UK chemists have developed a new variation on a famous route to indoles that uses more readily available starting materials.
The Fischer reaction involves the functionalisation of an unactivated C-H position by way of a [3,3]-sigmatropic shift. It is simple and convenient – it couples a mono-functionalised arene with a readily available ketone or aldehyde – but is hindered by the lack of availability of aryl hydrazine starting materials.
Instead Christopher Moody and Martyn Inman at the University of Nottingham started from readily available haloarenes. They converted them into a wide range of indoles in just two steps by halogen-magnesium exchange, quenching with di-tert-butyl azodicarboxylate, then reacting with ketones under acidic conditions.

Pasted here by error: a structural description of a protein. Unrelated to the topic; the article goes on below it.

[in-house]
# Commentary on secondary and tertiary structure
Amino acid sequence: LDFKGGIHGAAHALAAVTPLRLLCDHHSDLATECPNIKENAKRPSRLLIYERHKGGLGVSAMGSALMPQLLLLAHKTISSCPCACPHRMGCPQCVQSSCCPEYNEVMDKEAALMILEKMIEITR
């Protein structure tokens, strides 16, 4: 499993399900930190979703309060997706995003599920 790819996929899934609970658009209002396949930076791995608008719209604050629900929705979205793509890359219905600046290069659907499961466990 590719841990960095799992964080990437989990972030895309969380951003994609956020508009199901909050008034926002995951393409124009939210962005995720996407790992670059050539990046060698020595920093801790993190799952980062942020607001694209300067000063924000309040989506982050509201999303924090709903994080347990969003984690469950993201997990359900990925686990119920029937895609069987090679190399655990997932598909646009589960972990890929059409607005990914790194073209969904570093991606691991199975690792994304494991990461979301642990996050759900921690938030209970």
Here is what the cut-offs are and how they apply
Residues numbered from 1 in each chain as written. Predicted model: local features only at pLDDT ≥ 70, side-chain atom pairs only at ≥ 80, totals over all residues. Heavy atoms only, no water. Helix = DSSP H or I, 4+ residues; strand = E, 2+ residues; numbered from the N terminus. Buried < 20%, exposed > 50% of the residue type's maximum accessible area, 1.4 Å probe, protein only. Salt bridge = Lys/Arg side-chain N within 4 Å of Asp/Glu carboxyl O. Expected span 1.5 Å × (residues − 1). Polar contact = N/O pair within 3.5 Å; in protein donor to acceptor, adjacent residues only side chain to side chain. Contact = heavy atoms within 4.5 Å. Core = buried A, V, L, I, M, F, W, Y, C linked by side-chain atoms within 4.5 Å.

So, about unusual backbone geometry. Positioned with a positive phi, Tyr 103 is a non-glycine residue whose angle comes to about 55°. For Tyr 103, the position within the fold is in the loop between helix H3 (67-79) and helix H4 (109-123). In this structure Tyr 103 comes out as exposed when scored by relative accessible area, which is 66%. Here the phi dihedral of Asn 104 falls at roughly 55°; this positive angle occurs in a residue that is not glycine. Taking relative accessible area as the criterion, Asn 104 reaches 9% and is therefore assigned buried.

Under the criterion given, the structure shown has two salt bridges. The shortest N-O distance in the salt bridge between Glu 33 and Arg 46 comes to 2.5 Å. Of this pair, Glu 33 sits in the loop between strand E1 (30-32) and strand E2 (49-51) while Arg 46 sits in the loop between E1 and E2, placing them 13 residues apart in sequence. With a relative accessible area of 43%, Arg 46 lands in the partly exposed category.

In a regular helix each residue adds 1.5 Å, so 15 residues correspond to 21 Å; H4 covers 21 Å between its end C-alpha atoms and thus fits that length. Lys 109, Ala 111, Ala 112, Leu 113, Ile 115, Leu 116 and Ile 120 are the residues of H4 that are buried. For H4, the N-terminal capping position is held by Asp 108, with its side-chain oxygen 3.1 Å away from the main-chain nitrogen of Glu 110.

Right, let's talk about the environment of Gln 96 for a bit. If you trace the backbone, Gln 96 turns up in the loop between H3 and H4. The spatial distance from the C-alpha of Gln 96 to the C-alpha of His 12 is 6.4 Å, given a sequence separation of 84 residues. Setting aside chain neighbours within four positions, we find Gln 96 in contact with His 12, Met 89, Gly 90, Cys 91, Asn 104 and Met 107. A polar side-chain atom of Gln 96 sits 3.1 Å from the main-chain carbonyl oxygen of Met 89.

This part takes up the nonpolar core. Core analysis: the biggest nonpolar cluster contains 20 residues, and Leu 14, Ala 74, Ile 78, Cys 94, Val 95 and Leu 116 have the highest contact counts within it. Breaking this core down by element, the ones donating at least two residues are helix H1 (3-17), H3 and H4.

This new variation is simple and versatile, says Moody, making it a highly practical alternative modern protocol for making the fundamentally important indole ring system.
Download the article for free until 24th December and let us know what you think of this new route below.